Byline by M J Akbar: Tying the knot in Tamil Nadu
The South is another country, in just about every country. No one associates the north of France with holiday, cuisine or luxury. The north of Italy wastes its time in production, profits, brand-building, grumbling and fantasies of secession; the south goes to church, forgets to collect the garbage, remembers to collect tourists and has fun: would Berlusconi ever build a private palace improved with Putin beds and exotic weekend guests in north Italy? The south of America tried its hardest to secede in the 19th century. Today it is so convinced that Barack Obama was born in Kenya rather than Hawaii that it has launched a movement called “Birthers” whose principal purpose is to delegitimize the first African-American President of the United States. The more north Britain gets, the more dour becomes its public image, although the Scots are far nicer than their reputation would suggest. But they have to live with the burden of being the closest British neighbours to the North Pole. Pakistanis of the Frontier could not be more different than Sindhis, although they could give each other competition in their eagerness to be hospitable to a stranger. Anything is possible in Pakistan, but it is difficult to envisage a Taliban in the deserts of Sindh.
I suppose a nation has to be vertical to claim a north and south. Russia is horizontal. It stretches through the extremities of east and west, through nine time zones. You never think of a south Russia; you just slip from Russia into Central Asia, as if Russia extended breast upwards. If the east and west of Russia are radically different it is because they exist in different continents, with powerful and distinct cultures. Even the bland single dimension of Communism could not merge Europe and Asia into a Soviet continent, despite seven decades of strenuous effort. Central Asians rediscovered their Turkish-Islamic roots with gusto when the Soviet Union disintegrated, and the Pacific east had always retained its own flavour. China is too round, and Han, to permit a political sense of north and south, although the cuisine, China’s finest cultural achievement, is gloriously divergent. Perhaps our contemporary sense of China as a seamless geography is a reflection of the political success of the Communist Party. But if you push Tibet into the category of south China, then the metaphor becomes poignant: the south is a different country.
India is rare, but not unique; it has north, south, east, west and a middle. Middle is the railway track that runs from Mumbai to Kolkata. The overlaps do not deny the reality. There are so many definitions of difference: language, aesthetics, cultural morality, aspiration, dress, forms of prayer, music. It is not just the difference between Hindustani and Carnatic strains; you do not hear the lilt of Bengali Baul in the west, while the sinuous sway of Rabindrasangeet is lost in the north. One would have thought that electoral politics, measured by the same Election Commission yardstick of numbers, would at least be similar if not the same. But democracy is resplendent in its own colours in the south.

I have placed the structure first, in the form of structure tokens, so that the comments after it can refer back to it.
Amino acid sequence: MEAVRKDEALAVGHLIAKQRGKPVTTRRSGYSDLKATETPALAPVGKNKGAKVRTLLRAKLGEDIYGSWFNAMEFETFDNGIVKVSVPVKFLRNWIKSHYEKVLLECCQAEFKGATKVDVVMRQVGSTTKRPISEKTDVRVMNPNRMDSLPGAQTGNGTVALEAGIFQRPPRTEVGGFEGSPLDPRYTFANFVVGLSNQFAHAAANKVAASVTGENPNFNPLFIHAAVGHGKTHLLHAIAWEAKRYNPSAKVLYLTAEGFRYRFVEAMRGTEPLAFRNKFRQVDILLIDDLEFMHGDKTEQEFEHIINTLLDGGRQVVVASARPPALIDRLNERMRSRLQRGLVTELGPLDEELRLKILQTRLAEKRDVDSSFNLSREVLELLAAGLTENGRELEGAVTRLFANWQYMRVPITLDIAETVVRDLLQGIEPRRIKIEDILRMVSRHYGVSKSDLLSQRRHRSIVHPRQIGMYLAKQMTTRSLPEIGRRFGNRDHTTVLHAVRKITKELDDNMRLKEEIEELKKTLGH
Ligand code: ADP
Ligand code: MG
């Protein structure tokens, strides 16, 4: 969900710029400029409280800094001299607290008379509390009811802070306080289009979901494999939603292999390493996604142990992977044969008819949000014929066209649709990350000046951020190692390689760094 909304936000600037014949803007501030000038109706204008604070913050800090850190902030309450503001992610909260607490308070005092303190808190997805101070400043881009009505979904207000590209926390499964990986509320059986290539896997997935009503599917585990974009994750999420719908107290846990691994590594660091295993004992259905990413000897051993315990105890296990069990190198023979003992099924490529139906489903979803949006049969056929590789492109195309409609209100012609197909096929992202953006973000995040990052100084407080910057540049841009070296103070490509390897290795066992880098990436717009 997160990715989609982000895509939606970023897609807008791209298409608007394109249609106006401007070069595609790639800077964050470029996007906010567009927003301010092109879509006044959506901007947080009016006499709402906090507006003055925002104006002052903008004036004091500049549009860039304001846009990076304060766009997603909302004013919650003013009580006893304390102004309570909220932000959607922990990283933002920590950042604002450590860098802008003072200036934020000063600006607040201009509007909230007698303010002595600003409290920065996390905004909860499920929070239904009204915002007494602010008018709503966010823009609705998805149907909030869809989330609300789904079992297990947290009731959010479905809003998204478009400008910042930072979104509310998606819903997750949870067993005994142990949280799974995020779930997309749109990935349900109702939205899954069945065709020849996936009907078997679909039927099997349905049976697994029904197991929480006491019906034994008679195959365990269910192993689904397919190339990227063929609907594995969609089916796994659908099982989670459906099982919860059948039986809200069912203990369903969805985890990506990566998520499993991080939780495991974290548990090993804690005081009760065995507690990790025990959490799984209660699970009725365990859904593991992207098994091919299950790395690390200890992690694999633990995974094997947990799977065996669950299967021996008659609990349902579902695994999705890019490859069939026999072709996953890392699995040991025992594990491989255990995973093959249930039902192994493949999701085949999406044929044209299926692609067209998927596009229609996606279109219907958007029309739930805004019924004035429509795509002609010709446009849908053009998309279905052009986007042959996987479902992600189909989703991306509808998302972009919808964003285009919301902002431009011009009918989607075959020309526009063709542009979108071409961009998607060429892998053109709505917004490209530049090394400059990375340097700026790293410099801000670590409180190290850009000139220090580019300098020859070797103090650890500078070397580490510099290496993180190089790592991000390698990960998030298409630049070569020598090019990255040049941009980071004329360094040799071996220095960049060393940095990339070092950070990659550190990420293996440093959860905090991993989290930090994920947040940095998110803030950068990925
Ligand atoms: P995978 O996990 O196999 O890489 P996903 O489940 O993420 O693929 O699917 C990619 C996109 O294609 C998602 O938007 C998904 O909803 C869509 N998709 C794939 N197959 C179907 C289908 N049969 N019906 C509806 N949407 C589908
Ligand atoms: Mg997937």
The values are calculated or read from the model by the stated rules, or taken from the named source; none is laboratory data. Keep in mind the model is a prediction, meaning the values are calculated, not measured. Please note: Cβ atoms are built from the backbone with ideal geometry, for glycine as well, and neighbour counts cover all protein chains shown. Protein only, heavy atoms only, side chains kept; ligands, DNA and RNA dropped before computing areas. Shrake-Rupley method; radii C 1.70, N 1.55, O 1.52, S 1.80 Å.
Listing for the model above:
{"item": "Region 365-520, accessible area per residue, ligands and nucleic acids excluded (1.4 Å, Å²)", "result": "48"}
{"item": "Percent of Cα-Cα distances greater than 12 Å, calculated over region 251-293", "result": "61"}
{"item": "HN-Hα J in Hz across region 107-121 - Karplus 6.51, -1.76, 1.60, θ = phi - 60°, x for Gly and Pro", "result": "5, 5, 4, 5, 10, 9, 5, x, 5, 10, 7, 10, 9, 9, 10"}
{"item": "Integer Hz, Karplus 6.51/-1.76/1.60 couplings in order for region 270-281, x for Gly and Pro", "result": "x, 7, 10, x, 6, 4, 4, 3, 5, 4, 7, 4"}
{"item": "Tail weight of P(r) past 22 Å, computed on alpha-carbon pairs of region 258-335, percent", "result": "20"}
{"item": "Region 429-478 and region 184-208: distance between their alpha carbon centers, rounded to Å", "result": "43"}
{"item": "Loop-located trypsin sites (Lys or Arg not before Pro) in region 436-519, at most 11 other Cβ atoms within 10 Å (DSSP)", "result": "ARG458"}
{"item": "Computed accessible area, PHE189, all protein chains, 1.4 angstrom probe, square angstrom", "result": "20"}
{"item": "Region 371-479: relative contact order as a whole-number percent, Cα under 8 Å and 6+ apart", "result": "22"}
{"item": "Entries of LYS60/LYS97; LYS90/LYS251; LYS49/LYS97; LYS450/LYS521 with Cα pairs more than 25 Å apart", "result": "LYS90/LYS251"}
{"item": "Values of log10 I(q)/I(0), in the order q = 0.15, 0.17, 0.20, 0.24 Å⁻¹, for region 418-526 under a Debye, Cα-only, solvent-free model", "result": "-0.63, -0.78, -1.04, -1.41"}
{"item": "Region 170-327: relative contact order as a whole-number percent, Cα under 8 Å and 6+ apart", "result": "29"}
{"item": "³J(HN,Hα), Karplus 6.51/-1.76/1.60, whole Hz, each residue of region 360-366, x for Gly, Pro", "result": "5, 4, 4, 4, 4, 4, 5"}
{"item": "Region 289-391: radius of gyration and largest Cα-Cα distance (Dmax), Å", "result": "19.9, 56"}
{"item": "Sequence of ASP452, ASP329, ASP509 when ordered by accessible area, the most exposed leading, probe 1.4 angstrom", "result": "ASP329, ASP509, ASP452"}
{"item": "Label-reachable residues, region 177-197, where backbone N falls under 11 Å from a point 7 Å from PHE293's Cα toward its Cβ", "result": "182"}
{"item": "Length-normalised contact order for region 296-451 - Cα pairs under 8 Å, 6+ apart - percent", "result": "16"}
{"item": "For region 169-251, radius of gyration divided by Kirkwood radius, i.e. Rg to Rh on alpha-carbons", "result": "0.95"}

You leave Coimbatore airport for barely a minute, and you are staring at the next election: the posters of the general election have not faded yet and the contest for the Assembly elections has begun. There is no confusion about who will lead the DMK. Karunanidhi, the Marlon Brando of this political epic, will remain the patriarch, but executive authority is being passed to his son, Stalin. Stalin will seek the legitimacy of popular endorsement in the contest against Jayalalithaa in a year and a half. Karunanidhi still sets the dialectic pace in the confrontation against his bête noire, but the next Assembly is Stalin’s to win or lose. His face is on every poster: lots of frizzy black hair climbing from the scalp, a filmstar smile, and very modern in a tie. Purists might pick holes. The hair is suspiciously luxuriant, its colour is a bit too uniformly dark perhaps, and the tie might certainly have been knotted better. But the voter sees a pleasant man who can still claim a working relationship with youth. Image is not all, but pretty good fuel for early momentum. The Jayalalithaa response has not begun. She is keeping her powder dry, perhaps literally. In any case, she is not blessed with the resources available to a ruling party. However, the Assembly elections, still many months and dozens of intermediate events away, are not our immediate worry. Our concern is the knot.
The father of the Indian tie is surely the Bengali western-oriented gentleman. The tie was not part of any Indian’s dress code before the Permanent Settlement in Bengal, and then took its time before becoming a fashion item. It begins to emerge, via a scarf after 1834, when the British made English the language of government and created a new British-centric establishment into which a slow dribble of Indians was permitted, particularly through the law courts. The walls along the staircase of Calcutta Club are decorated with portraits of past presidents, each attired in a handsome striped tie put together by a majestic knot, Windsor or its single-cousin. Would a potential Bengal Chief Minister campaign in a tie? Buddhadeb Bhattacharjee has not even been seen in a jacket. Mamata Banerjee pursues an image of poverty with a vengeance. She does not possess anything but plain cotton saris. She made her male ministers wear a dhoti while taking the oath of office; among them were those who had never worn a dhoti.
In Tamil Nadu, Stalin wears imported ties and Jayalalithaa the most fabulous silks. Voters might once have demanded Kamaraj’s simple handspun; today, they do not particularly care either way. They have enough poverty in their own lives. Why would they want to impose it on their leaders, when they know that their leaders are not poor?
But, Thiru Stalin, do get someone to knot a better knot.